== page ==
a fool as to say precisely what he intended to do, and that he will
attack at once; but the event will prove. He added that Germany was not
in want of money, and therefore did not ask for a heavy pecuniary
indemnity. Speaking of the French, Count Bismarck observed that there
were 200,000 men round Metz, and he believed that Bazaine would have to
capitulate within a week. He rendered full justice to the courage with
which the army under Bazaine had fought, but he did not seem to have a
very high opinion of the French army of Sedan. He questioned Mr. Malet
about the state of Paris, and did not seem gratified to hear that there
had been no tumults. The declaration of the Republic and its peaceful
recognition by Paris and the whole of France appeared by no means to
please him. He admitted that if it proved to be a moderate and virtuous
Government, it might prove a source of danger to the monarchical
principle in Germany.

I do trust that Englishmen will well weigh these utterances. Surely they
will at last be of opinion that the English Government should use all
its moral influence to prevent a city containing nearly two million
inhabitants being burnt to the ground in order that one million
Frenchmen should against their will be converted into Germans. It is our
policy to make an effort to prevent the dismemberment of France, but the
question is not now so much one of policy as of common humanity. No one
asks England to go to war for France; all that is asked is that she
should recognise the _de facto_ Government of the country, and should
urge Prussia to make peace on terms which a French nation can honourably

General Vinoy, out reconnoitering with 15,000 men, came to-day upon a
Prussian force of 40,000 near Vincennes. After an artillery combat, he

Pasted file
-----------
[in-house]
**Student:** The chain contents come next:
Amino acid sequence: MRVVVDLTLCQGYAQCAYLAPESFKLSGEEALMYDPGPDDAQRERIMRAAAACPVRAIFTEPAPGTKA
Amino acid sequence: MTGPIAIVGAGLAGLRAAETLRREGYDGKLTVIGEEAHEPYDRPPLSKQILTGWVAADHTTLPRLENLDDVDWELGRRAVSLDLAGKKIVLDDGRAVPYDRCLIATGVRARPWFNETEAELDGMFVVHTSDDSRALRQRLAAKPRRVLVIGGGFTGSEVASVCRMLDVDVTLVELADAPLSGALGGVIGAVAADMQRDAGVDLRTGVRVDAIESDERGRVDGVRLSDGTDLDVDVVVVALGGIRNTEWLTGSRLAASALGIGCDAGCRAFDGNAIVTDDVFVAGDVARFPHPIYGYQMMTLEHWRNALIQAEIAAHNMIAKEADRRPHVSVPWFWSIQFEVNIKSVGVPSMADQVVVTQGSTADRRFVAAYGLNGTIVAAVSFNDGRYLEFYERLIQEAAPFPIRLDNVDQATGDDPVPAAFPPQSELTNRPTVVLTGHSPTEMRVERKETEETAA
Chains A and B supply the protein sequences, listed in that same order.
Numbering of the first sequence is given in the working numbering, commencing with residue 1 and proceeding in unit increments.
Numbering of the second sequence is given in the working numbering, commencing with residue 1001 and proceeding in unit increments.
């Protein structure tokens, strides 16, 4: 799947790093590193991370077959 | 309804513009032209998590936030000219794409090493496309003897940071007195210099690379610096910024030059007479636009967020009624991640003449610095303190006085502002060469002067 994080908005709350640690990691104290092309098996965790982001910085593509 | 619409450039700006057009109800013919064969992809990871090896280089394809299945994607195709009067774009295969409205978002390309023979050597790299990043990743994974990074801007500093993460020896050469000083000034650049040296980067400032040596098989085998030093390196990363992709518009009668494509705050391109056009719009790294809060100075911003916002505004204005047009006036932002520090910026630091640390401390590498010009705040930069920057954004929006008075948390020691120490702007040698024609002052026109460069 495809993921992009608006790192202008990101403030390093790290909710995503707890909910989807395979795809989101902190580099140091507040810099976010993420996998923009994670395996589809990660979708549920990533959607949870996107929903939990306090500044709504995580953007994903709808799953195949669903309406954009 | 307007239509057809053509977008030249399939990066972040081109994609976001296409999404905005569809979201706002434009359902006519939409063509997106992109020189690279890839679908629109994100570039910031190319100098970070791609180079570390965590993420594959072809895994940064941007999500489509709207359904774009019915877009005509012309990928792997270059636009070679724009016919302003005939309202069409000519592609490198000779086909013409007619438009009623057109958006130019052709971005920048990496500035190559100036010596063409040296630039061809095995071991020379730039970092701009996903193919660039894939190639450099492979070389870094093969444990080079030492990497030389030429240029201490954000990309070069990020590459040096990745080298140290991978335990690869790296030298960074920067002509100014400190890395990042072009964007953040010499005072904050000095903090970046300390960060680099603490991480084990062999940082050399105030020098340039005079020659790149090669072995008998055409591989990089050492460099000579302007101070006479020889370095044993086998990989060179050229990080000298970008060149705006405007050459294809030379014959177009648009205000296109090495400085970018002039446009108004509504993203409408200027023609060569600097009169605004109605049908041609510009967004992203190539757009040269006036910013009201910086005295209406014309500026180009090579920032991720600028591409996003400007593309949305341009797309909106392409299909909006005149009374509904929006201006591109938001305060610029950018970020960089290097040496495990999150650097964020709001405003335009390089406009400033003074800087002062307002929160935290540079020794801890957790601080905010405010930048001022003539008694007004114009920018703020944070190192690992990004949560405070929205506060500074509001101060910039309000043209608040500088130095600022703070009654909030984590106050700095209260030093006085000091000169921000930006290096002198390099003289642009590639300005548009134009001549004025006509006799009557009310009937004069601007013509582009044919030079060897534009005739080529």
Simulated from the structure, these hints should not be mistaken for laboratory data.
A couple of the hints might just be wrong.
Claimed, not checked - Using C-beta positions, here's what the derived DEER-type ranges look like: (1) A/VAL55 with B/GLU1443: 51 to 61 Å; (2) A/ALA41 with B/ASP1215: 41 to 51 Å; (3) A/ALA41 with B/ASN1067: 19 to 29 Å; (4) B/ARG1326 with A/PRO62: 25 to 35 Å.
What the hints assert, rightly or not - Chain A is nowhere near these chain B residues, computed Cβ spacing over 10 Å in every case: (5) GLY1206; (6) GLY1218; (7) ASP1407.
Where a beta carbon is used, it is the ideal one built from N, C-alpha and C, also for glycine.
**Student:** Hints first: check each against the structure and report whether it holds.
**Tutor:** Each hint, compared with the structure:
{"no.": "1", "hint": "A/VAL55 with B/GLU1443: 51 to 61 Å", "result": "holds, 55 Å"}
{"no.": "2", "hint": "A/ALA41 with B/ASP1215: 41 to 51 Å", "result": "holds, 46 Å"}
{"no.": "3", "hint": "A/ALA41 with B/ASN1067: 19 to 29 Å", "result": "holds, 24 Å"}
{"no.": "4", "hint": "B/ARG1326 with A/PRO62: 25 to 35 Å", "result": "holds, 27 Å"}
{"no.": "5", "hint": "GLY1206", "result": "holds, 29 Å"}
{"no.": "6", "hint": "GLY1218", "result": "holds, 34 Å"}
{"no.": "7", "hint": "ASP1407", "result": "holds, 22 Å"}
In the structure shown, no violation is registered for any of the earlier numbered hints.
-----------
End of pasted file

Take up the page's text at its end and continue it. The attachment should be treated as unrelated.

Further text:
withdrew within the lines of the forts. There have been unimportant
skirmishes with the enemy at several points. The American, the Belgian,
the Swiss, and the Danish Ministers are still here. Mr. Wodehouse has
remained to look after our interests. All the secretaries were anxious
to stay. I should be glad to know why Mr. Falconer Atlee, the British
Consul at Paris, is not like other consuls, at his post. He withdrew to
Dieppe about three weeks ago. His place is here. Neither a consul, nor a
soldier, should leave his post as soon as it becomes dangerous.

Victor Hugo has published an address to the nation. You may judge of its
essentially practical spirit by the following specimen: - "Rouen, draw
thy sword! Lille, take up thy musket! Bordeaux, take up thy gun!
Marseilles, sing thy song and be terrible!" I suspect Marseilles may
sing her song a long time before the effect of her vocal efforts will in
any way prevent the Prussians from carrying out their plans. "A child,"
say the evening papers, "deposited her doll this afternoon in the arms
of the statue of Strasburg. All who saw the youthful patriot perform
this touching act were deeply affected."

_September 19th._

I don't know whether my letter of yesterday went off or not. As my
messenger to the post-office could get no authentic intelligence about
what was passing, I went there myself. Everybody was in military
uniform, everybody was shrugging his shoulders, and everybody was in the
condition of a London policeman were he to see himself marched off to
the station by a street-sweeper. That the Prussian should have taken the
Emperor prisoner, and have vanquished the French armies, had, of course,
astonished these worthy bureaucrats, but that they should have ventured
to interfere with postmen had perfectly dumbfounded them. "Put your
letter in that box," said a venerable employé on a high stool. "Will it
ever be taken out?" I asked. "Qui sait?" he replied. "Shall you send off
a train to-morrow morning?" I asked. There was a chorus of "Qui sait?"
and the heads disappeared still further with the respective shoulders to
which they belonged. "What do you think of a man on horseback?" I
suggested. An indignant "Impossible" was the answer. "Why not?" I asked.
The look of contempt with which the clerks gazed on me was expressive.
It meant, "Do you really imagine that a functionary - a postman - is going
to forward your letters in an irregular manner?" At this moment a sort
of young French Jefferson Brick came in. Evidently he was a Republican
recently set in authority. To him I turned. "Citizen, I want my letter
to go to London. It is a press letter. These bureaucrats say that they
dare not send it by a horse express; I appeal to you, as I am sure you
are a man of expedients." "These people," he replied, scowling at the
clerks, "are demoralised. They are the ancient valets of a corrupt
Court; give me your letter; if possible it shall go, 'foi de citoyen.'"
I handed my letter to Jefferson, but whether it is on its way to
England, or still in his patriotic hands, I do not know. As I passed out